I delivered a survival tool to a friend in New York the other day. I already knew that he was street smart. I have confidence in the fact that he understands and relates well to people of all kinds. In jest, I wanted to bring this consummate storyteller something that would physically and metaphorically take his defense to the next level.
I delivered a tribal, all bamboo, bow with six arrows. The construction is primitive, basic, and deathly functional. Everything on the box was bamboo, from the connection to the taunt line that launched missiles towards the enemy. The arrows come in two tips, one for deer, the other target practice. The feathered ends show endless care through the different colored threads, each with unique feather angles reflecting different personalities and preferences. Jests aside, this is a weapon of quiet destruction.
We talked, launched, and then fired the arrow in his office. As we stood stunned and silent, we worked are retrieving the arrow that had cut right through 3/8 inch plywood. Someone could die if this was in the wrong hands.
My mouth spews verbal arrows with thought. The mystery comes because as intensely as “God hates…a mouth that lies under oath” (Proverbs 6.16,19), He absolutely and totally adores me. In this situation, I am not unique; God loves each of us as intensely as he does me.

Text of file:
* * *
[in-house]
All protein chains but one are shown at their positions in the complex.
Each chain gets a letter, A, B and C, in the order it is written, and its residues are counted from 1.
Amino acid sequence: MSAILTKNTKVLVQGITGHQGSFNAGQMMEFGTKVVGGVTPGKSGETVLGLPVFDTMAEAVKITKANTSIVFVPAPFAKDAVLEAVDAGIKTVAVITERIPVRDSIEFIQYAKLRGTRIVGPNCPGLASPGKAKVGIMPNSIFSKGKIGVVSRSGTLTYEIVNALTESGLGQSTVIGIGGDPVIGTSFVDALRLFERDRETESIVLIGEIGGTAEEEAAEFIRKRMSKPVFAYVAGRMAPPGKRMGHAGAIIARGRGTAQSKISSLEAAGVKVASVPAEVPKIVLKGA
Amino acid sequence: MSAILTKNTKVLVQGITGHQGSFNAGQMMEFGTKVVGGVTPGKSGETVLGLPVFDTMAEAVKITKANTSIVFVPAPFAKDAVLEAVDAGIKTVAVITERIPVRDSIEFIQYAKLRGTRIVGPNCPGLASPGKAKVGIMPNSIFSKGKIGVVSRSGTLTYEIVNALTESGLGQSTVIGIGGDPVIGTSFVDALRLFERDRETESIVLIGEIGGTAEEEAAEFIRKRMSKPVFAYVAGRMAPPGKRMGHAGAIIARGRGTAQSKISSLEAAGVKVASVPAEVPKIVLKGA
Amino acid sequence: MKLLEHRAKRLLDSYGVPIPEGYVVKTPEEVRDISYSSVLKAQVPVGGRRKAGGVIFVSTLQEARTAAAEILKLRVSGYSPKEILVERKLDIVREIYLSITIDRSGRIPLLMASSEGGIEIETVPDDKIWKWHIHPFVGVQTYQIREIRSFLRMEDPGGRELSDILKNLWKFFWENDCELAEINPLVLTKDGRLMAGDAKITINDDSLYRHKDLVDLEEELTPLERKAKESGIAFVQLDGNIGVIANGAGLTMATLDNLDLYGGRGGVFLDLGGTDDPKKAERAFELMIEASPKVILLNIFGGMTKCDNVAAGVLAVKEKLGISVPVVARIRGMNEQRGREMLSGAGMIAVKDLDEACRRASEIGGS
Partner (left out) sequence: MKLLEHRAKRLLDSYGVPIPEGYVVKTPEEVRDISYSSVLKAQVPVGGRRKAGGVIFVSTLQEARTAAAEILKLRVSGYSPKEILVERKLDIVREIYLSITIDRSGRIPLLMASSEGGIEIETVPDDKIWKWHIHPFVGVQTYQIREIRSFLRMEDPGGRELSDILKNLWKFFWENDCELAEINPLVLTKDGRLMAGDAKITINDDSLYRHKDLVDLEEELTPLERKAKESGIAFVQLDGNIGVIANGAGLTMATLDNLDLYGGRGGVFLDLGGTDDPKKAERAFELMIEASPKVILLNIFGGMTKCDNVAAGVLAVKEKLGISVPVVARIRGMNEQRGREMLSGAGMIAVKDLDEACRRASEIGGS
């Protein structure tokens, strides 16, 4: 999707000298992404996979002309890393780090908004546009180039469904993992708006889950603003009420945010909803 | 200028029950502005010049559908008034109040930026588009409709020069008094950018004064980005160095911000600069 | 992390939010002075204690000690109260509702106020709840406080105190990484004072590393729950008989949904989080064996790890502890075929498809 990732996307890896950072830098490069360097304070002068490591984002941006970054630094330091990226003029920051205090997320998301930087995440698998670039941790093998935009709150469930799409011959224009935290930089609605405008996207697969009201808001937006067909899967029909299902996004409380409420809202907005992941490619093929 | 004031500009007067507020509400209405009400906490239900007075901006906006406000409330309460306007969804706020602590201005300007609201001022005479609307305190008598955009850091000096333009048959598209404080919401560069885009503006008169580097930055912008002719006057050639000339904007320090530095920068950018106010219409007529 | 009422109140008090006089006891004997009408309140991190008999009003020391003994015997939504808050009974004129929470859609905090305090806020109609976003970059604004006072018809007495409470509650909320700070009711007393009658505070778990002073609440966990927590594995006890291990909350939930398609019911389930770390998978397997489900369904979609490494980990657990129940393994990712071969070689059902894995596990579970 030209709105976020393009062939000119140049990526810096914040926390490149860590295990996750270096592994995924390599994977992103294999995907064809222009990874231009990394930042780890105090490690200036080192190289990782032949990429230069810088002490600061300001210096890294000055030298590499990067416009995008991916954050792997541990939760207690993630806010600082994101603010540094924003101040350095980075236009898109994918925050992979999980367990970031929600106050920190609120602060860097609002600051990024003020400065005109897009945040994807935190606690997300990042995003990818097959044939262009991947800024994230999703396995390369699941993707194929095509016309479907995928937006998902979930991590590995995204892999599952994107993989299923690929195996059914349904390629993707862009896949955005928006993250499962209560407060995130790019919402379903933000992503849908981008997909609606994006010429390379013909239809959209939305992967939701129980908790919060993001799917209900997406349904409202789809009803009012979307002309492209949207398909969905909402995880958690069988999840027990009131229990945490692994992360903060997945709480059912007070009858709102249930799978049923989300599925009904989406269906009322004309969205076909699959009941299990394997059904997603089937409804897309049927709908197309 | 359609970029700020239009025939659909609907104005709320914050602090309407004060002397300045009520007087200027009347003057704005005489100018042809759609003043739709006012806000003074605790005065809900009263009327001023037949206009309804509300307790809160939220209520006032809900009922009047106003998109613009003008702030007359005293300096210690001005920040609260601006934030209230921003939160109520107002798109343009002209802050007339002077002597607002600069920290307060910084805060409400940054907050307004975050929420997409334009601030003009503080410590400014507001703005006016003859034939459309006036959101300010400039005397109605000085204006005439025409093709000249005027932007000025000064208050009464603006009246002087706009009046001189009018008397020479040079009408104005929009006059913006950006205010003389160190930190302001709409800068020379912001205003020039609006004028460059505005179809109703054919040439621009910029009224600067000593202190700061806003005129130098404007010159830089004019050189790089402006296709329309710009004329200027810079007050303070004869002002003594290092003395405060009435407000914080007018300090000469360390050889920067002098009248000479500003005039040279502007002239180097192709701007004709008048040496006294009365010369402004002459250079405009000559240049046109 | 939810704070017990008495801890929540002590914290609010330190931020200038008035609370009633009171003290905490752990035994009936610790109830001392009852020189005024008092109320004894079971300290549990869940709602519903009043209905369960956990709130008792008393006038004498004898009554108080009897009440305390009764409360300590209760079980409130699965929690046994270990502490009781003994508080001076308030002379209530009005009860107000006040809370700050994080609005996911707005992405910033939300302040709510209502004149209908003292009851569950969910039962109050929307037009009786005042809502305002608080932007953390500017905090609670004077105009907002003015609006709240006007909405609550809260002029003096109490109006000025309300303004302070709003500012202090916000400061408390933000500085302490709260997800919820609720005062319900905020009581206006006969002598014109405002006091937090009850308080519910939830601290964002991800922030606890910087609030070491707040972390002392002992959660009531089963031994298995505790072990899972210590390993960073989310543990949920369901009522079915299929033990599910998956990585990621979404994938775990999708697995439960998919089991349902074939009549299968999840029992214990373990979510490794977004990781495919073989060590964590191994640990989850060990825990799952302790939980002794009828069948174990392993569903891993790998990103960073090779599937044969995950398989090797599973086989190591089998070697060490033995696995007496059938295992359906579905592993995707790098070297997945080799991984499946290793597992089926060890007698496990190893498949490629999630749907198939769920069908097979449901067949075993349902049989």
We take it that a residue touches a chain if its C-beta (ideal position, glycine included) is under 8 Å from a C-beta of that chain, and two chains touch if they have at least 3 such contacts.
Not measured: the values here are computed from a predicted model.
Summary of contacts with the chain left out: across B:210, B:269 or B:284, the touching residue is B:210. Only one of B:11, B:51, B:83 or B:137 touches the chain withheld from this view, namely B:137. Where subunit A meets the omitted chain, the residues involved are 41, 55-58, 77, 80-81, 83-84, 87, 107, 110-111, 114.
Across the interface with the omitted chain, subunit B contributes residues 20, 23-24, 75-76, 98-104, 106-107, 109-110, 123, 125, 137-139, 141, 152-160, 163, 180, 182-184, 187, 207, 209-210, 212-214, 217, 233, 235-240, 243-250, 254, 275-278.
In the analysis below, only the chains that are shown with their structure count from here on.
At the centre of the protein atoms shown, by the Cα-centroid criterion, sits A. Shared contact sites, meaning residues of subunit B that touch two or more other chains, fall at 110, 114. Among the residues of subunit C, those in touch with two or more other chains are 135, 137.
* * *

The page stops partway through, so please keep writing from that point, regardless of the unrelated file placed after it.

The overlap between the two sets of weapons is more than I want to admit. Both are all natural, built with construction techniques that easily stand up to the passing of time. The result of using either carries a risk of pain and possibly death. We often sit and admire the sound of our own voice, willfully ignorant of just how much pain we just inflicted on another.
This morning brings a decision point. Am I going to assemble my armor and worry about those who might attack me at some point during the day or am I going to worry about the journey of those around me? Will I carry arms at the ready or love?